Blockchain was first introduced in 2008 as the distributed ledger behind bitcoin transactions. The technology has since found many applications by governments and private businesses in different industries due to the ability to offer security, immutability, traceability, and transparency across a distributed network.
According to the Harvard Business School, true blockchain-led transformation of business and government is still many years away. That’s because blockchain is not a “disruptive” technology, which can attack a traditional business model with a lower-cost solution. Blockchain is considered more of a “foundational” technology that has the potential to create new foundations for our economic and social systems. While the impact could be enormous, it is predicted that it will take decades for blockchain to become mainstream.
What then is the relevance of blockchain for the food industry?
Generally, there are four key stakeholders that need verifiable trustworthy data, namely consumers, customers, regulators/governments and auditors.
Consumers may want to know if their food is sustainably and ethically sourced. They have started questioning the source of origin of the ingredients in their food. They want to be sure that what they are purchasing is actually what is on the label. For example, are the eggs truly free range or is the corn truly GMO free?
Customers may want to know this information but they need more from the data. They need trustworthy supply chain information that would enhance traceability and make the process more accurate and efficient.
Regulators may need to know that the data provided for key regulatory compliance activities is trustworthy.
Auditors want to know that the food safety records they are reviewing are true. With blockchain, auditees can now provide custody of truth resulting in better transparency and a higher degree of confidence.
There are several well-published examples from different sectors of the food industry where blockchain has been or is planning to be used to bring transparency to the supply chain network and gain consumer trust.
Walmart was one of the first retailers to launch a supply chain system based on the blockchain in 2019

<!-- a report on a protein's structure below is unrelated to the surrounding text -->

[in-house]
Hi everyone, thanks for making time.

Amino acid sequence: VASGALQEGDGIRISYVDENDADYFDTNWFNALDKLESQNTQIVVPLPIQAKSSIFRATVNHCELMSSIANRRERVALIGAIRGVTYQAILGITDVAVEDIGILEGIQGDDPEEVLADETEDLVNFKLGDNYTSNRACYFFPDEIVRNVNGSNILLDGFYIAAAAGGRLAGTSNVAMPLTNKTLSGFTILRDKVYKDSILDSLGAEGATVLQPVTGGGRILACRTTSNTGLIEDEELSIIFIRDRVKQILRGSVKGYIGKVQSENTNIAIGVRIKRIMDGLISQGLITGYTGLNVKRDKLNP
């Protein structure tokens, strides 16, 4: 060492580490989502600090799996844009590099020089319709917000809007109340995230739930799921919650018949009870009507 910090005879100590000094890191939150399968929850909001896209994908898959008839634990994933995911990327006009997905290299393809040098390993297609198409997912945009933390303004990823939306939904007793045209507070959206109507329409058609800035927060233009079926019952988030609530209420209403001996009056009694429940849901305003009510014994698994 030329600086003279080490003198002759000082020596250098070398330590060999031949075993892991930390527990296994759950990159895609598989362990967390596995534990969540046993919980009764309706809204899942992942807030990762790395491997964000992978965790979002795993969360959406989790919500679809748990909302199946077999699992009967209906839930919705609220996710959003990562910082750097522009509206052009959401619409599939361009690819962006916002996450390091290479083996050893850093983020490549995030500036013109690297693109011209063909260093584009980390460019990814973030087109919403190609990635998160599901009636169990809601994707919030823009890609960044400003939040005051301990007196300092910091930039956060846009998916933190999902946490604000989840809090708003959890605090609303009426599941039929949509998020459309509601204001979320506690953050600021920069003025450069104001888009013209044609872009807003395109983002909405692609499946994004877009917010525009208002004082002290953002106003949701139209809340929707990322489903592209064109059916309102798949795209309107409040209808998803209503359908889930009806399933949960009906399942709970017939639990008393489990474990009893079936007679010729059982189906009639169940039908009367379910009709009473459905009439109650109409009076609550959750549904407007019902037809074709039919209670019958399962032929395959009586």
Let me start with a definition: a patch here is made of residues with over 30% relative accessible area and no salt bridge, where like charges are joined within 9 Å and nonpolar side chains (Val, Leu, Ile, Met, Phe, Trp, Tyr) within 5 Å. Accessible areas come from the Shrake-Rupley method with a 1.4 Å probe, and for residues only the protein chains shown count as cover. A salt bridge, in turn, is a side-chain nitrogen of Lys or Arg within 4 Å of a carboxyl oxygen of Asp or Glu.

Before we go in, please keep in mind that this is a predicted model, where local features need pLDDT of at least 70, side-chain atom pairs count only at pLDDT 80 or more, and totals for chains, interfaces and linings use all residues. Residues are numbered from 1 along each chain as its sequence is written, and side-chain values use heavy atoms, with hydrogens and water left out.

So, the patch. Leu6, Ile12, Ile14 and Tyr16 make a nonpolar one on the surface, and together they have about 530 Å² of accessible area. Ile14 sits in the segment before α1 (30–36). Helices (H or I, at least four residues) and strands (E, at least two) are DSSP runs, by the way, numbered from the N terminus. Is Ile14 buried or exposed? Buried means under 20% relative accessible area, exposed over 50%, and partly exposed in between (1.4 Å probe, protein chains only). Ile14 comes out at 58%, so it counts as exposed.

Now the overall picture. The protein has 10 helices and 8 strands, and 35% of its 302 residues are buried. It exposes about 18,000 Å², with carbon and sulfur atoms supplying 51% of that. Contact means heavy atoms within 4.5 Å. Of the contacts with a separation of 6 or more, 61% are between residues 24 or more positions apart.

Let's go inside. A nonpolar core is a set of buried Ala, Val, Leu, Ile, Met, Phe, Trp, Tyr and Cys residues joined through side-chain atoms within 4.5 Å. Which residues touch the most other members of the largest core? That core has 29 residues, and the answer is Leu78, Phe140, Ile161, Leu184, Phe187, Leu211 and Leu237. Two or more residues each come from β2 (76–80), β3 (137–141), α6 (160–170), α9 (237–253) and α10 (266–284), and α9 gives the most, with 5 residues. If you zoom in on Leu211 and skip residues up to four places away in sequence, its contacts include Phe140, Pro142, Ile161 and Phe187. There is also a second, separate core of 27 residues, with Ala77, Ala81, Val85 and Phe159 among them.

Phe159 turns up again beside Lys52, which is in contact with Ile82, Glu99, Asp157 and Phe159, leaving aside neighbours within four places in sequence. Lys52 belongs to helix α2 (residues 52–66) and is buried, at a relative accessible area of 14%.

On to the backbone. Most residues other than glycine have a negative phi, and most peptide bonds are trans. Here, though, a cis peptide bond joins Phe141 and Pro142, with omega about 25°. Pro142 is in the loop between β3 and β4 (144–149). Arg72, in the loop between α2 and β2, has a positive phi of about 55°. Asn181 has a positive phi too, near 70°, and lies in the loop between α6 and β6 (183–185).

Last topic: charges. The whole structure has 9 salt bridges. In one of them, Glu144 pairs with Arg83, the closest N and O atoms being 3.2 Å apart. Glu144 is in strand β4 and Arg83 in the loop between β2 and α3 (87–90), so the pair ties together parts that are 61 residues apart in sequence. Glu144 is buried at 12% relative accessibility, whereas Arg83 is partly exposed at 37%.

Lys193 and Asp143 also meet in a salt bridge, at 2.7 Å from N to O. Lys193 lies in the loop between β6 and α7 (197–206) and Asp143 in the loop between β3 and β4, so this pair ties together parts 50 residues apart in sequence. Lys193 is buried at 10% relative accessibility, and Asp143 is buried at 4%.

The Sustainable Shrimp Partnership used the blockchain platform to provide complete traceability of shrimp for their consumers by verifying the authenticity of antibiotic-free product claims.
Nestlé used their blockchain platform to trace milk from farms and producers in New Zealand to Nestlé factories and warehouses in the Middle East. Nestlé wants its consumers to make informed decisions, so they want to utilise blockchain technology to share reliable information with consumers.
Cermaq salmon utilises the blockchain to ensure traceability and transparency in their supply chain. They are aiming at providing information about their fish; such as its origin and the kind of vaccination it was given. By scanning the QR code present on the package, the consumers can get access to the entire history of the fish.
The Malaysian Palm Oil Council implemented blockchain technology to enhance accountability and traceability. They developed a blockchain mobile app and web interface to trace palm oil throughout its supply chain. This automatically created an end-to-end digital database, enhancing transparency, accuracy, and credibility for stakeholders and end customers.
The United States Food and Drug Administration (FDA) through the “New Era of Smarter Food Safety” have been encouraging the use of new technologies, such as blockchain to improve visibility throughout the entire supply chain.
Trying to predict the future of blockchain technology in the food industry is not easy since its history is so short. The relevance of blockchain in the food industry appears to be focused on bringing enhanced traceability and transparency to the supply chain. If governments continue to embrace blockchain, such as what we are seeing with the FDA, then we are likely going to see that blockchain is going to become more relevant in the food industry, however, it is likely that the adoption will be much slower than in the financial services.